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Ring the Bells that Still Can Ring: Letting Go of Perfectionism

Ring the bells that still can ring
Forget your perfect offering
There is a crack, a crack in everything
That’s how the light gets in.

Leonard Cohen, Anthem

Of all of the concerns people bring to therapy, perfectionism can be one of the most persistent. It shows up under any number of guises, from the more mundane, to more serious versions:

“I can’t finish this project because it won’t be perfect.”

“Anything less than an A is not a good grade.”

“I need to punish myself for not being good enough.”

Perfectionists engage in multiple problematic thoughts, feelings, and behaviors. They tend to fear failure, disapproval, and making mistakes. They overemphasize “shoulds” and engage in all-or-nothing thinking. They constantly pressure themselves to succeed.

At the core of perfectionism is a shameful belief about inner “badness.” Individuals strive to push past or compensate for the feeling that no matter what they do, no matter how much they achieve, they will never be good enough.

Perfectionists look outside themselves for appraisal and approval. As children, they have often become accustomed to having love equated with achievement. The belief that I need to do more, I need to do better begins to grow. Until it spirals into I need to be perfect. For the perfectionist, the concept of self-esteem rises and falls on the tide of external feedback. When he hears positive words, he feels good. When she receives criticism or even constructive feedback, she is devastated. The only defense against feeling wounded in this way is to strive harder to be perfect.

So how does one begin to let go of perfectionism?

Leonard Cohen offers some good insight into this. If the core of perfectionism is a belief in inner badness, then its opposite must contain some form of belief in inner goodness. There is, after all, a crack in everything, as Cohen sings. Rather than fixating on “cracks” as imperfections or blights, it is possible to view them as windows through which one’s “good enough” sense of self is fed and expressed.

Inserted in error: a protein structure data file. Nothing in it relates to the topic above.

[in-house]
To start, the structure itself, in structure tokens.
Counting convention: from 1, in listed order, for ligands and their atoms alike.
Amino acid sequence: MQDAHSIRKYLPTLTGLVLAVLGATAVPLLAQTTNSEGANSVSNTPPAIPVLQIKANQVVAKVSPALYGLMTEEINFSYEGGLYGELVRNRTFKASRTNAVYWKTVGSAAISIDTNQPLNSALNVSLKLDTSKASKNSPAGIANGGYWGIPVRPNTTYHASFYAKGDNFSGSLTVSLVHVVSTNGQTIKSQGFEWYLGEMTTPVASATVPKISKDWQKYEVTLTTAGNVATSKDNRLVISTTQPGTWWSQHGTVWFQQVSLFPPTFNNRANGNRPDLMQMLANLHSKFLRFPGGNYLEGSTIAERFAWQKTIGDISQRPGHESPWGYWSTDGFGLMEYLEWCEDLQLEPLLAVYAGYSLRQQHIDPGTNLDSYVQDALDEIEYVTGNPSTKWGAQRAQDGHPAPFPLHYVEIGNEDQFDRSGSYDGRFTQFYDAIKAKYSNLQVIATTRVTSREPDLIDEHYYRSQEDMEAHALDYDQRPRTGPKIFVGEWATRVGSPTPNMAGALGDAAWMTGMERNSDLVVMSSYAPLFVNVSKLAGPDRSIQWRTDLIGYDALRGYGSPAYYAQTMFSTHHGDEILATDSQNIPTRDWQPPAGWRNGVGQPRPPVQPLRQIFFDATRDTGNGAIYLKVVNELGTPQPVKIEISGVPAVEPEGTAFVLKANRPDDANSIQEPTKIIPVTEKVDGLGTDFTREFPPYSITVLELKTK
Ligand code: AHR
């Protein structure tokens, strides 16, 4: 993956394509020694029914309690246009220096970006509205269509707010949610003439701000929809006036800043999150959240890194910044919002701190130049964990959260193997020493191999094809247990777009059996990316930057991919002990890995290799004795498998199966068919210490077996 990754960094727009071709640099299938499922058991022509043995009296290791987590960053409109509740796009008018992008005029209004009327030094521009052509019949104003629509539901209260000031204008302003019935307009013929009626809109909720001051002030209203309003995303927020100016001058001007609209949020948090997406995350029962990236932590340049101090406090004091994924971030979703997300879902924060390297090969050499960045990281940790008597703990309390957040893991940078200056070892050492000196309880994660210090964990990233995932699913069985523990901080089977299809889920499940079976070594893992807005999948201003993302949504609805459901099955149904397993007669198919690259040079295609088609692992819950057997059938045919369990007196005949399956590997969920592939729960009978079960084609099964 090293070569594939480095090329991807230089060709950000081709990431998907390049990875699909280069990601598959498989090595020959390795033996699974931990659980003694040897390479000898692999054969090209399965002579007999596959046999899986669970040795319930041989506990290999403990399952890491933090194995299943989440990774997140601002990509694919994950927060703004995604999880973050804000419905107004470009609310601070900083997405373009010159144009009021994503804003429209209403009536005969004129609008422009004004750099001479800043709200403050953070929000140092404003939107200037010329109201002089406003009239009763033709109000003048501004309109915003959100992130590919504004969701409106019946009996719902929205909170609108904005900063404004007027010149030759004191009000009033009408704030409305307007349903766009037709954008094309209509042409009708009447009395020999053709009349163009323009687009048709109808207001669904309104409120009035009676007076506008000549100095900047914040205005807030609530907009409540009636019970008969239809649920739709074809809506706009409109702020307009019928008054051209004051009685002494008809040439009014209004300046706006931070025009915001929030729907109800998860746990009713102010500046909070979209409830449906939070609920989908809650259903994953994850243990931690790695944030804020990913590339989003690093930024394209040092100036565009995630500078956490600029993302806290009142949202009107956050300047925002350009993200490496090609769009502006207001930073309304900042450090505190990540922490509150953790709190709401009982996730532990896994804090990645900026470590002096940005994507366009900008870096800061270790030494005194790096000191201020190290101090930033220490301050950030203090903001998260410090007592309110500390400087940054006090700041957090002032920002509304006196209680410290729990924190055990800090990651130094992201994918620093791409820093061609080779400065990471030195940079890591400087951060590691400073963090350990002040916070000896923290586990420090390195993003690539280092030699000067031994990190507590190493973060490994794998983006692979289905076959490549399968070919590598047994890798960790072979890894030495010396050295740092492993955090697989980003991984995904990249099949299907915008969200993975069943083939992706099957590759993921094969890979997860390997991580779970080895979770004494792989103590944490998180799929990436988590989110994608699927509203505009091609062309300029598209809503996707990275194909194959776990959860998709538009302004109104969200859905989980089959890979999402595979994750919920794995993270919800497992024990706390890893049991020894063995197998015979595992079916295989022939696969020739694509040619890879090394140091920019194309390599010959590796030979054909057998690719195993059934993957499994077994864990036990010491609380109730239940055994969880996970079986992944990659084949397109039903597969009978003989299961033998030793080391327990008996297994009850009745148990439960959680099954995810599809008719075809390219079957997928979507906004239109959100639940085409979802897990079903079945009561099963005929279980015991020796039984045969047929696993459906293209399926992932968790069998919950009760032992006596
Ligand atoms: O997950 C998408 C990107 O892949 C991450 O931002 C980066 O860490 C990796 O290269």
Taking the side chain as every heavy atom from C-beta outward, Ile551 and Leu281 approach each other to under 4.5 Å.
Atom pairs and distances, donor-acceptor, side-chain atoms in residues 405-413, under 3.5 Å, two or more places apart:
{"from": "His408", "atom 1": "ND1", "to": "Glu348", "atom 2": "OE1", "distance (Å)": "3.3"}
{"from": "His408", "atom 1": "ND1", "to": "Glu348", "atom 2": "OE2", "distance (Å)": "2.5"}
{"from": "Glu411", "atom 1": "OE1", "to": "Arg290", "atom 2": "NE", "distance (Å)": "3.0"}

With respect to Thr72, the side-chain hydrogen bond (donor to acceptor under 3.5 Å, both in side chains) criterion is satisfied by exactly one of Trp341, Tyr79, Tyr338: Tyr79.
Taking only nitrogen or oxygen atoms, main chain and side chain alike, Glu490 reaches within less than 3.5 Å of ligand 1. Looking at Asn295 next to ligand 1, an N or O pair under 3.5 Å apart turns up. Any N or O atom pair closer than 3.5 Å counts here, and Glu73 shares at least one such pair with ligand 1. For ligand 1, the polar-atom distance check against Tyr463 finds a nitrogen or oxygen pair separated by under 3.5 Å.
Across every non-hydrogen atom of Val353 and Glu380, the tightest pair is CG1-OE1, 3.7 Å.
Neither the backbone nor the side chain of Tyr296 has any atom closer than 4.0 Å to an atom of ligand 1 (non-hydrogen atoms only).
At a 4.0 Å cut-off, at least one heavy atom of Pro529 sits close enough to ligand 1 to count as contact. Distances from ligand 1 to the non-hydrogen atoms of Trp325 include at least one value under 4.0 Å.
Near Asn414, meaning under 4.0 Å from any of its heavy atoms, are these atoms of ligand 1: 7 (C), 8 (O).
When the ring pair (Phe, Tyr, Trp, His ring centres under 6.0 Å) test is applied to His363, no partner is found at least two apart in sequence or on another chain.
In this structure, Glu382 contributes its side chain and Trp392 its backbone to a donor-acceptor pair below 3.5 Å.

There is a difference between healthy striving and reaching for perfection. Letting go of perfectionism is not equivalent to curling up in a ball and admitting defeat (all-or-nothing thinking). It is about setting goals based on your own needs and desires, not those of others. It is about stretching just a little beyond what you have previously achieved. It is about engaging in and enjoying the process, not just the end result.

Perfectionism is born in a relational context. Without others’ expectations and feedback to plant the seeds of perfectionism, it simply would not grow. But once it has sprouted, internal beliefs (“I’m not good enough”) continue the cultivation process. To let go of perfectionism, it is best to go back to its birthplace – relationship – to seek support and accurate feedback. But this time, you get to pick the relationships that will remind you that there is indeed a crack in everything. The cracks allow light and love to get in. Stop trying to seal them off.

(4) Comments

  1. es
    esFeb 07, 2011

    Hi, Sandra.
    I would invite my PERFECTIONISM for a cup of tea and ask it “What do you want from me and why?”
    Maybe, it wants me to show that I can never never reach the level. Maybe, it wants to be there because it occupies the whole empty time and is related to the fear of loneliness.
    Parents and childhood can cause it (a perfect Freudian explanation). I would try to negotiate and compromise while talking to my perfectionism. I do not want to simply kill it.

  2. drssanger
    drssangerFeb 07, 2011

    “What do you want from me and why?” is a good question, not only for perfectionism, but also for other kinds of beliefs and behaviors. I like it.

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  4. D
    DAug 26, 2012

    I really relate to the the point about perfectionism being instilled by indoctrination into an achievement for love exchange that starts in early childhood. I believe that’s how it began for me. But now I’m “grown up” and don’t know how to live for myself and its killing me slowly. I think its related to this”letting go” thing I hear so much about. This is an as yet to be discovered skill set for me. I hardly know what people are talking about frankly when they reference this. It is illusive. That’s a little disingenuous actually. I have some idea of what it is, I don’t know the steps to get there. To the letting go place. But it sounds nice, and critical place to arrive at.

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